The Stoxx Europe 600 Index added 0.8 percent as AstraZeneca Plc rallied 4.5 percent, the most in two years, while Shire Plc and GlaxoSmithKline Plc also gained more than 3 percent.
The MSCI Emerging Market Index slipped 0.5 percent, with Brazilian stocks down 2 percent as newspaper O Estado de S.Paulo reported that the number of lawmakers in favor of impeaching President Dilma Rousseff is still short of the minimum required to remove her from office.
Futures on Asian equity indexes outside of Japan signaled gains for Thursday, with contracts on Australian and South Korean stock measures up at least 0.3 percent. Nikkei 225 Stock Average futures fell 0.6 percent in Osaka amid a surge in the yen versus the greenback.
Bloomberg dollar index, which tracks the greenback against 10 major peers, fell 0.3 percent as the greenback touched its weakest level since October 2014 against the yen. The dollar lost 0.1 percent to $1.1399 per euro.
The U.S. currency plunged March 16 after Fed Chair Janet Yellen said the dollar’s two-year appreciation has weighed on inflation. The central bank also released projections that day implying two 25 basis-point rate increases this year, down from four forecast in December. The meeting dimmed the appeal of bets that U.S. monetary policy would diverge from the stimulus efforts of the Bank of Japan and the European Central Bank.
“The interesting thing that stands out was how focused they were on the global economy,” said Tom Kersting, head of Edward Jones & Co.’s fixed-income research department in St. Louis. “The dollar’s been a bit weaker, but that’s really on the back of quite a bit of strength for a long time.”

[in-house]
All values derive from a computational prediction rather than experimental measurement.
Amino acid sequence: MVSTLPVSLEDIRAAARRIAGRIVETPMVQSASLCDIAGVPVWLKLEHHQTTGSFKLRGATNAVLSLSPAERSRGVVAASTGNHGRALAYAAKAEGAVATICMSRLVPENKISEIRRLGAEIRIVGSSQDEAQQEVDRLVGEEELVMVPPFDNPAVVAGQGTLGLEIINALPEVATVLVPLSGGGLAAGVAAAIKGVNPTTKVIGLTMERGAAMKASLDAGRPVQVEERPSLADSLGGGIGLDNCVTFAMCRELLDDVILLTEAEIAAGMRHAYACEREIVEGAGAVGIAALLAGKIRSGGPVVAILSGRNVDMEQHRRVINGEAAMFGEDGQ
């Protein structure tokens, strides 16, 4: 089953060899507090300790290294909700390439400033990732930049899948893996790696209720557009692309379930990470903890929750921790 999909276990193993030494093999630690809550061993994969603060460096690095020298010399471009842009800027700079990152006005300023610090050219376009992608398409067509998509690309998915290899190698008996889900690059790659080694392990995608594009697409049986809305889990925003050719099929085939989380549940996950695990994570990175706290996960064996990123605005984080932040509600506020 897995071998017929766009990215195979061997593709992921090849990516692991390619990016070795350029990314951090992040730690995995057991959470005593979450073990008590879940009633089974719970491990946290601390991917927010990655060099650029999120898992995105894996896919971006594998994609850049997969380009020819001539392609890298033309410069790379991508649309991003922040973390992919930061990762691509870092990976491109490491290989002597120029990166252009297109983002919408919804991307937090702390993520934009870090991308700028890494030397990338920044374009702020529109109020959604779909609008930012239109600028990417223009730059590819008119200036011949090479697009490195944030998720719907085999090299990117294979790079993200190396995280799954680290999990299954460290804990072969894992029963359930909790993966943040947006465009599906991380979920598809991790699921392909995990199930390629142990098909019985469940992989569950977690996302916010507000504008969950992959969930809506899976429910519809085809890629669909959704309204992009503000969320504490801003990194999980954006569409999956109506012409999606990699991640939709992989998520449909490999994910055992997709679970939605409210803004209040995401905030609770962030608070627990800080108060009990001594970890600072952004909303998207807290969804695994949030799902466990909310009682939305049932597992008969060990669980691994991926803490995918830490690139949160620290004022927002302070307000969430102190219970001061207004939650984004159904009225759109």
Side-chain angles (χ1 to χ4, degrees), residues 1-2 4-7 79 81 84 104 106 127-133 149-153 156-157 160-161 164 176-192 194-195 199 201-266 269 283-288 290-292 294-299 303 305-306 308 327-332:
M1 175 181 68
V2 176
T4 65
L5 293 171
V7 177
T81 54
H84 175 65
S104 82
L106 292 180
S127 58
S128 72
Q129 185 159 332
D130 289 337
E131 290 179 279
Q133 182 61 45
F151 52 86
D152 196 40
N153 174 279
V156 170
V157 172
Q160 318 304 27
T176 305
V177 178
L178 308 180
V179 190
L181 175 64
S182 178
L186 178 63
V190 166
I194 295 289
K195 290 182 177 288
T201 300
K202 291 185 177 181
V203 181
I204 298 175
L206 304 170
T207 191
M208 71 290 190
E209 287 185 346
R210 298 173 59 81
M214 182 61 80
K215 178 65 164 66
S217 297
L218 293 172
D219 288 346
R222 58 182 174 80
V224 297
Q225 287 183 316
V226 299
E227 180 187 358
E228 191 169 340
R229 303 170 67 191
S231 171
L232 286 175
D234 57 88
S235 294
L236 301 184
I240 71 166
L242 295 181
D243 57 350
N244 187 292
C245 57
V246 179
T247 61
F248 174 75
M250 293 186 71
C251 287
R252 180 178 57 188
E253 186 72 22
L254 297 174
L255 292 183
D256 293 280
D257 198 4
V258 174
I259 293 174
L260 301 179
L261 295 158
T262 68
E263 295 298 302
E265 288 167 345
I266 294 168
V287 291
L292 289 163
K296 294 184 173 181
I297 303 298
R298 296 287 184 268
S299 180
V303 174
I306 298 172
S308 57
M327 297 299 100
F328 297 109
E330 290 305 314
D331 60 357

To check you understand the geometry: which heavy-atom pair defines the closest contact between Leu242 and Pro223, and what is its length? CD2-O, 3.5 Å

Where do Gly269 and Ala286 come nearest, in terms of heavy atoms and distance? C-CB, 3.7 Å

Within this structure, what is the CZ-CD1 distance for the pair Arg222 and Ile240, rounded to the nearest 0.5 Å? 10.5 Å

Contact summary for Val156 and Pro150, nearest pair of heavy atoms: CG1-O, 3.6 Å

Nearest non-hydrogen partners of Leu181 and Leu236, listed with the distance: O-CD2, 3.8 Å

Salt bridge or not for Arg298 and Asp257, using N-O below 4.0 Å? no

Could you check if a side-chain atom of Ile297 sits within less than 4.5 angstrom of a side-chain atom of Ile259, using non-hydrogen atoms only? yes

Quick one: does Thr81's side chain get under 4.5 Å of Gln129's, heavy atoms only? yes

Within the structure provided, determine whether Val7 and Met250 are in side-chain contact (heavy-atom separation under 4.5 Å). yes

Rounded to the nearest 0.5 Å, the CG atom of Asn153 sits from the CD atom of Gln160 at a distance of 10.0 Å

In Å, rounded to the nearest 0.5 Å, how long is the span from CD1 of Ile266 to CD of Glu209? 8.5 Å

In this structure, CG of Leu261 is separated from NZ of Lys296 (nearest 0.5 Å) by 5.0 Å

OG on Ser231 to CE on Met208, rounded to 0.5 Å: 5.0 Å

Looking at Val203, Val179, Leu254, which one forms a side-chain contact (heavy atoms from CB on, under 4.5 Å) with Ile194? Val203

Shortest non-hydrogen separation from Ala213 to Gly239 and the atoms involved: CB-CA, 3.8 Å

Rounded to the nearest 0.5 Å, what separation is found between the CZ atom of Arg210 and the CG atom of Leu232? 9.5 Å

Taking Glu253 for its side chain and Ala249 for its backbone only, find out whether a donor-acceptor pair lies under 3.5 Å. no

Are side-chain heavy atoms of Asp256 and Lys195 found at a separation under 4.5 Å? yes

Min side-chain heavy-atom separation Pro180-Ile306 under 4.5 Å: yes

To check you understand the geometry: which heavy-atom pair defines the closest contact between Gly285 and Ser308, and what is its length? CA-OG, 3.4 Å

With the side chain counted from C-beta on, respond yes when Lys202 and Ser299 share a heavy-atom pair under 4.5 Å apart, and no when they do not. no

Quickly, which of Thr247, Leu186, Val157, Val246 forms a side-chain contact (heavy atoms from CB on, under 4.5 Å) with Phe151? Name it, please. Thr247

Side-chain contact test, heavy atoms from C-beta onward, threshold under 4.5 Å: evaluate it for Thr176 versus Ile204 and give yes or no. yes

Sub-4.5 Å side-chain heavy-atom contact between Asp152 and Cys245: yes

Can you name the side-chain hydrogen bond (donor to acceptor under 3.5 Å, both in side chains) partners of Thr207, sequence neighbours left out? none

Treasuries declined, with 10-year yields climbing four basis points, or 0.04 percentage point, to 1.76 percent, the first advance in three days. Rates on similar-maturity German bunds were up two basis points to 0.119 percent.
Global bond yields have fallen to a record, with the Bank of America Corp. Global Broad Market Index plunging to 1.3 percent, the lowest level in almost 20 years of data. A third of the world’s developed-market sovereign debt has negative yields, based on Bloomberg bond indexes. Investors rushed to higher-yielding debt, fueling the global rally.
“This is a sign of global disinflation,” said Hideaki Kuriki, a debt investor at Sumitomo Mitsui Trust Asset Management, which oversees $60.3 billion. “The U.S. cannot pull up the world economy. Investors have to buy U.S. Treasuries or U.K. gilts or other high-yielding, high-quality securities.”
West Texas Intermediate crude jumped 5.2 percent to $37.75 a barrel after government data showed U.S. crude inventories unexpectedly declined from their highest level in more than 80 years. Brent also gained 5.2 percent to $39.82.
American crude supplies fell 4.94 million barrels last week, data from the U.S. Energy Information Administration showed, after analysts predicted a 2.85 million-barrel gain. Refineries processed the most oil in three months as output and imports slipped. Diesel led gains after the report showed stockpiles of distillate fuel, which includes diesel and heating oil, tumbled on the East Coast.
Gold slipped 0.7 percent in the spot market, to $1,222.47 an ounce, while industrial metals were mixed, with copper up 0.2 percent in London as aluminum and zinc retreated.